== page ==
• A father summoned at the Borough Police Court on Saturday morning for failing to send his son regularly to school, was told by chairman Mr W. R. Phillips that "a bit of birch" would do the boy good. The father said the boy was sent to school every day with his sister but played truant when reaching the school gates. An order was made for the boy to attend Old Bedford Road School, or to an industrial school if he did not comply.

  • "Widely known coloured singers" the Fisk Jubilee Trio have been at Mount Tabor for three days. There were fairly large gatherings on all occasions and the funds of the church should benefit considerably. The trio have now been singing in England under religious auspices for nearly ten years. Fisk Jubilee Trio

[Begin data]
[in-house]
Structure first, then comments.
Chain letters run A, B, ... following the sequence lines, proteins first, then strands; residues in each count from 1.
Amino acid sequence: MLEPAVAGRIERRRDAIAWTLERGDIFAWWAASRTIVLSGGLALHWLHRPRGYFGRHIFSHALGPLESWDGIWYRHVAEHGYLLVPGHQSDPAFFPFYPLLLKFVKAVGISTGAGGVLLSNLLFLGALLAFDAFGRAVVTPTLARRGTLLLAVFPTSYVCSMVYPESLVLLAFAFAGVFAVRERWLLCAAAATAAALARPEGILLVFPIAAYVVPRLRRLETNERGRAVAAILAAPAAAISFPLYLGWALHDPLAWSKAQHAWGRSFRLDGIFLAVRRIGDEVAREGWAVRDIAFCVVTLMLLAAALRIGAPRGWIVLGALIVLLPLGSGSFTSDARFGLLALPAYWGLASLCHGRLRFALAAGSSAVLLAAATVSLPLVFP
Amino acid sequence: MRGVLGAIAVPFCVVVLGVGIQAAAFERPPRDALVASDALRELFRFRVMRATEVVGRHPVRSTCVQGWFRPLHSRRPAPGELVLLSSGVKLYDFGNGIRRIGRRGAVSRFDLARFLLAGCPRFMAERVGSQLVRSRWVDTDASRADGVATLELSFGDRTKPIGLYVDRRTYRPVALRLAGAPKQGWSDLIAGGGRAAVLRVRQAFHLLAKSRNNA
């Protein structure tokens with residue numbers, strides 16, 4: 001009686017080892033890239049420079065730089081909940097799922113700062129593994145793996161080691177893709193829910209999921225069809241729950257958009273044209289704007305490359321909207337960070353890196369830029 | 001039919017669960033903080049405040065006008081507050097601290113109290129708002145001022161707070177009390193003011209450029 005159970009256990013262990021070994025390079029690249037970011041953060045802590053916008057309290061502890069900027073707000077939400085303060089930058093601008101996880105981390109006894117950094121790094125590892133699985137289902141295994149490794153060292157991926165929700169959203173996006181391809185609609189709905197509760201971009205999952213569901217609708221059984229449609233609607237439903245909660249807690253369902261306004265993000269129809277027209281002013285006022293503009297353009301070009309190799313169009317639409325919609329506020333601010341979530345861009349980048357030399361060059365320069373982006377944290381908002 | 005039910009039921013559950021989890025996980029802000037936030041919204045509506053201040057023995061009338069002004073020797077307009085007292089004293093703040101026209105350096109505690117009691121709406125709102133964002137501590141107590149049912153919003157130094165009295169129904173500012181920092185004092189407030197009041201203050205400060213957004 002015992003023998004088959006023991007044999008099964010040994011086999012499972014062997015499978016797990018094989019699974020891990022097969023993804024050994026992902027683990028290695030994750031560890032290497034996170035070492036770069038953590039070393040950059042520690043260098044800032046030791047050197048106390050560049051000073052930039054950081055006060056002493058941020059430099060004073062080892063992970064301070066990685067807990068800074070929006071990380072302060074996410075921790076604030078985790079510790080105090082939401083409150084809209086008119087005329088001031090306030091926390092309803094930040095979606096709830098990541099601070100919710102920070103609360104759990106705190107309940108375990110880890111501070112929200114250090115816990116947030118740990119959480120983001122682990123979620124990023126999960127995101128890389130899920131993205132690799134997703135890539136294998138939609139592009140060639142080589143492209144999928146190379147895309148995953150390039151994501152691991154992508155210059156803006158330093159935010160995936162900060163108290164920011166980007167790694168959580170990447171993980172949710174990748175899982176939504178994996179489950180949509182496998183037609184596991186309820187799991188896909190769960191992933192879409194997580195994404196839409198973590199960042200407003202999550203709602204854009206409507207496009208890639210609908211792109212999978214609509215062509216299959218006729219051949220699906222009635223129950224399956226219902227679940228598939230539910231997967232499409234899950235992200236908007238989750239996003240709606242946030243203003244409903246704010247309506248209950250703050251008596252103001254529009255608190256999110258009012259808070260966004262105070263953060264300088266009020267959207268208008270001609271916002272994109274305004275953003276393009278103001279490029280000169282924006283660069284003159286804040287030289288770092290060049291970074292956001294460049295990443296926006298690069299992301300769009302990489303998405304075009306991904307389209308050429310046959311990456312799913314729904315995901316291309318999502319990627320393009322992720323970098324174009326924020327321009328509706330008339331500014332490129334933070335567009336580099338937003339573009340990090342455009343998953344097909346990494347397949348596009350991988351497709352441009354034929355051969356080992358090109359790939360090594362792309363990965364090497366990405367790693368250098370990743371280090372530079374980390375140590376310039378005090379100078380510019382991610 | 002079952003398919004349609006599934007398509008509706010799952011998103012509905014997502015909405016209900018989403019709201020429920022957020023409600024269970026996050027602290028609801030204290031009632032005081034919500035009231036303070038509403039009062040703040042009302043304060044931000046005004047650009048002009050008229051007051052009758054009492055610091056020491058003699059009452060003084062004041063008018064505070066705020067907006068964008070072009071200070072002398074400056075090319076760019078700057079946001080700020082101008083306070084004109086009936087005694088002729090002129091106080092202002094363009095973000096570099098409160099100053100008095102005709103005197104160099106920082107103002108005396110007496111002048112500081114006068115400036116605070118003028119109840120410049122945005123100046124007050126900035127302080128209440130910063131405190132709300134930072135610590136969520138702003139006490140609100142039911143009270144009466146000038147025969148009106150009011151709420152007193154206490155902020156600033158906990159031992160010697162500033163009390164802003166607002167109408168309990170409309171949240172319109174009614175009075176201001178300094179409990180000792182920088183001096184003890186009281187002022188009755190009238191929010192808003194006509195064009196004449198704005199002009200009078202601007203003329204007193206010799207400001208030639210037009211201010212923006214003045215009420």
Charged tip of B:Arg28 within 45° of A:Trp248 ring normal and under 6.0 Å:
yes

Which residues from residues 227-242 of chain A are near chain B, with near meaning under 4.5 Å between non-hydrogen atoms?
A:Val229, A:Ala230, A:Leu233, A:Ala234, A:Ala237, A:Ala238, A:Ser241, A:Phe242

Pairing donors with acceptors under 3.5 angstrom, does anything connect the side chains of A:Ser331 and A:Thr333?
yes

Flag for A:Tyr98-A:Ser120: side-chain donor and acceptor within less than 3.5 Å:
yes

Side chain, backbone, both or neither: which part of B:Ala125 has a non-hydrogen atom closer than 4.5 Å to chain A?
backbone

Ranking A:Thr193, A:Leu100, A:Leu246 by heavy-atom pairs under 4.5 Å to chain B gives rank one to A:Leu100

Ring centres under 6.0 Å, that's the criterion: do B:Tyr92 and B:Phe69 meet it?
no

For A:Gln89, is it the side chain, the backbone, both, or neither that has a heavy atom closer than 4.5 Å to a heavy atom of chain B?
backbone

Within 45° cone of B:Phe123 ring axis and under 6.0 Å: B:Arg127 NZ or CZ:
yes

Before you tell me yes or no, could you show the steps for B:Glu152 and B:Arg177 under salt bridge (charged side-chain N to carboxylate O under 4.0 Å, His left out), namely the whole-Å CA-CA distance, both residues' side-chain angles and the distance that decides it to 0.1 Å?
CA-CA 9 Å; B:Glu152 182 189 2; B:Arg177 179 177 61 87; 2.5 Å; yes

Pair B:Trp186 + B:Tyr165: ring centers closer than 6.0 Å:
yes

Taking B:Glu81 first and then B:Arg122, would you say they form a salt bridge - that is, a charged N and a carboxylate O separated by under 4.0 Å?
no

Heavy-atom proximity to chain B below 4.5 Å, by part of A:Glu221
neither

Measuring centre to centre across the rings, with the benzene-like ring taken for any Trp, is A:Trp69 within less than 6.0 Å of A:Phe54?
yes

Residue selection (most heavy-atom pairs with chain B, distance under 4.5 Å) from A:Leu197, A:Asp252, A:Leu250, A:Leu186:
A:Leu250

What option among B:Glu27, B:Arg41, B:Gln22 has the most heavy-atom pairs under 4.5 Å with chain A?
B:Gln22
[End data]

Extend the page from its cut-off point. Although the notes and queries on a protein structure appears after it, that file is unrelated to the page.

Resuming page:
• A special express is being run to Bury St Edmunds on Saturday next to enable the friends of the Beds Territorials to visit the troops. The train will leave Luton (GNR) at 11.50 am and return from Bury St Edmunds at 10 pm. The fare is 3s 3d, 3rd class return.

  • This week's recruits for the Regular Army: A. W. Bacchus, R. Bacchini, H. Bowles, W. Clarke, F. Garner, A . L. Garside, H. Gilman, J. Goodson, F. G. Gowing, C. Haddon, R. A. Hawkes, J. Hinks, F. G. Hirst, F. G. Keen, S. Keens, E. C. Lintern, W. J. Morley, A. Stanbridge, A. R. A. Stringer, G. Taylor, A. Young.